Australia's largest wool buyers are a group of family-owned enterprises, resilient enough to bear the brunt of the COVID-19 pinch and passionate to see their businesses strive - and survive - post-pandemic.
Perhaps one of the biggest changes to the wool buying fraternity in Australia in the last decade has been the rise of tight-knit, family-owned businesses, crippling the stronghold multi-nationals previously held.
Collectively, the three major wool buyers in Australia for 2019/2020 have almost 120 years of wool buying experience, shrugging off larger, foreign-backed companies as consumers demand higher quality wool and better service than years gone by.
Techwool Trading, founded in 1983 by Rod Franklin, remained the largest buyer of Australian wool in 2019/20, buying more than 173,000 bales of wool to the start of June - 75 per cent of which is destined for China.
The company held a 14pc market share in 2019/20, an improvement on 2018/19 when it bought 12pc or about 184,000 bales of wool sold in Australia.
In a strong sign of confidence, Endeavour Wool Exports, formed by former Techwool trading manager Josh Lamb in September 2017, was the second largest buyer of Aussie wool, less than three years after the business was founded.
The company bought 8.6pc of Australian wool this season, equating to 128,000 bales of wool mainly for the Chinese market.
Another family owned-company, Fox & Lillie, rounded out the top three, buying about the same amount of wool as Endeavour in 2019/20.
But how has wool buying changed in Australia in the last decade?
According to Mr Lamb, who founded Endeavour Wool Exports after 16 years with Techwool, international clients are looking for more personalised service and a consistent quality of wool.
"We try and treat every client like they're our only client. We try and over-service them and then try and provide them with a consistent service every time ... no matter what the conditions are," Mr Lamb said.
He founded the company with Stuart Greenshields, who manages the Sydney office, and Warrick Eddington, who is the financial controller.
The company employees nine people and buys wool at Sydney, Fremantle and Melbourne.
Mr Lamb said he serviced about 55 clients, mainly in China, with about half of those the primary focus of the company.
"We wanted to take a different approach to China, a bespoke approach," he said.
"We came into the market when there was a bit of a void in how business was being done and we managed to fill that void and now the focus is to refine what we do.
"We don't want to be the biggest or the smallest and our target isn't quantity, what we want to do is do what we do well and be profitable."
Endeavour spreads its "risk" across three categories including Merino fleece for suiting fabric, semi-worsted wool for active and knitwear and the carding market for carbonised wool.
It buys every type of wool from 14.5 micron through to 36 micron.
"What we try and do is spread a bit of our business across the three main categories but the main growth area as far as wool consumption goes is active wear," he said.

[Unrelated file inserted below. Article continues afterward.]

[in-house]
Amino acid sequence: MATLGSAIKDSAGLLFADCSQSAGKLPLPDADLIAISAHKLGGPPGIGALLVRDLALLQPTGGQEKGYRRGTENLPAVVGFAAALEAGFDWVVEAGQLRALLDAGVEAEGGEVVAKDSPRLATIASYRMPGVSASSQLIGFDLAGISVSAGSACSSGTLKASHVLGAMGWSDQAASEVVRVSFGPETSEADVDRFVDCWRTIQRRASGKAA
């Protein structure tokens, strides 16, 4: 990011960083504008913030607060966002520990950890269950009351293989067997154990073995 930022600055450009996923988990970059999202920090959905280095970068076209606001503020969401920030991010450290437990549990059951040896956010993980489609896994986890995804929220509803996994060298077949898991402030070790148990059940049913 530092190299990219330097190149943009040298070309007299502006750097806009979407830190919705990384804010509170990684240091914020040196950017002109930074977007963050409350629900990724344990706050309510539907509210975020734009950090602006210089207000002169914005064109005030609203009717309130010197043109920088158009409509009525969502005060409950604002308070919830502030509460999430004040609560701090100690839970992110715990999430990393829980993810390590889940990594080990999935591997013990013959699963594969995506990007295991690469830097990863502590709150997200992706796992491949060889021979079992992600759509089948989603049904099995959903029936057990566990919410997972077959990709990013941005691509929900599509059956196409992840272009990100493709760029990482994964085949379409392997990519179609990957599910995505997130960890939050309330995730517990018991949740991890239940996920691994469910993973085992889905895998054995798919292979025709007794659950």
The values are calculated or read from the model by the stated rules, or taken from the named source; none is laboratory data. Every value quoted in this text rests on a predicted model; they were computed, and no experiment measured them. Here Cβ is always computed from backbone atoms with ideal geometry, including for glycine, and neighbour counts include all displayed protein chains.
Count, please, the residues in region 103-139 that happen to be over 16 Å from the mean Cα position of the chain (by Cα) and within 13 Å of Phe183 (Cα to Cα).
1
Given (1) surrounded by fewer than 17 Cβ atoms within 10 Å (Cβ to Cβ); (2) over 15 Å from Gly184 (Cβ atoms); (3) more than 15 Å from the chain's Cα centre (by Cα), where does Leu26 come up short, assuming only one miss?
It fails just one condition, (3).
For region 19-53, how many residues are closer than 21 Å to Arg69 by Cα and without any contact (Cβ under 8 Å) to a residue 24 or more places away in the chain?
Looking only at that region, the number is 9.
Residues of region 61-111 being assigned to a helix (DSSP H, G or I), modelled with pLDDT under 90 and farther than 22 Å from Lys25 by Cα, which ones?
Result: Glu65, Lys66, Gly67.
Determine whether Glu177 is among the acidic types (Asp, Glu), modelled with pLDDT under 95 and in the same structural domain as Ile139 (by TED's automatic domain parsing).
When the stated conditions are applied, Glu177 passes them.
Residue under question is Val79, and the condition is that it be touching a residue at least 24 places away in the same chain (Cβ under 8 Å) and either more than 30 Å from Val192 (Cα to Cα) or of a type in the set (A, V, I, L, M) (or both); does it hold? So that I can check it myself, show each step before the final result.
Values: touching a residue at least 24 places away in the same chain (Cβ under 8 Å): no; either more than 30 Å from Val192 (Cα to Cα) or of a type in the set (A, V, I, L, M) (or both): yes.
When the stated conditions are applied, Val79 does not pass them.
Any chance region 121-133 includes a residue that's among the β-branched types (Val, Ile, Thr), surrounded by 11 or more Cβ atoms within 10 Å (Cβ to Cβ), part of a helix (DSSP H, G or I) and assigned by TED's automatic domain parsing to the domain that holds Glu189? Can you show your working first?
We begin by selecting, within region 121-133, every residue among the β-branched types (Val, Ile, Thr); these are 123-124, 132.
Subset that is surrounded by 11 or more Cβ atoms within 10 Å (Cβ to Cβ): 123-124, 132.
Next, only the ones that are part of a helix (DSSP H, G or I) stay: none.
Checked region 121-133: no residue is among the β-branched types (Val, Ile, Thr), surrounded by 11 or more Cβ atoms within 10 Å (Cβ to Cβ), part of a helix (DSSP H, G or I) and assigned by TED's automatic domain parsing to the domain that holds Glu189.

Australian Wool Exchange market information manager Lionel Plunkett said Australia's largest buyers of wool were all underpinned by family-owned firms.
"Your Techwools, Fox & Lillie, PJ Morris and Michells and Modianos have been around for many years and have stuck it through some challenging times," Mr Plunkett said.
"It's the disappearance generally of those bigger corporates like Viterra and Queensland Cotton who between them bought 18pc of the wool a decade ago but have since completely left the market."
For example, in 2009/10, Viterra Wool was Australia's largest buyer of Australian wool, buying 209,000 bales or 11pc of wool sold.
Queensland Cotton, once a dominant force of the wool industry, came in at fourth buying 120,000 bales or 6pc of the market share. Both no longer trade wool.
Another new player, United Wool, formed by Matthew Hand, Nigel Rendell and Andrew Jackson in 2013 sits seventh on the leaderboard of big purchasers, buying 58,000 bales to the start of June.
Two million bales of wool was offered by farmers a decade ago with the forecast for 2019/20 expected to be down to 1.5 million.
A company which has stood the test of time is Techwool, which in 2009/10 was the second largest buyer of Australian wool and has been the largest buyer of wool for the last several years.
About 75pc of wool bought by Techwool Trading each year is sent to China.
Techwool export trade manager Evan Croake said the company had fared well over the years due to its grassroots approach.
"Family-owned companies will remain very strong in the wool industry well into the future," Mr Croake said.
While orders by Chinese consumers are slowly filtering through, trade with India and Italy remains on hold as the countries' borders remain closed.
"There is business around but it is very difficult because a lot of our clients are not operational so we've seen significant pressure from clients because they can't move their end products," Mr Croake said.
"If you look at the wool market in general we've seen significant falls in prices but we're confident the market will stabilise soon ... but we need to see all our export markets working before we see signs of recovery."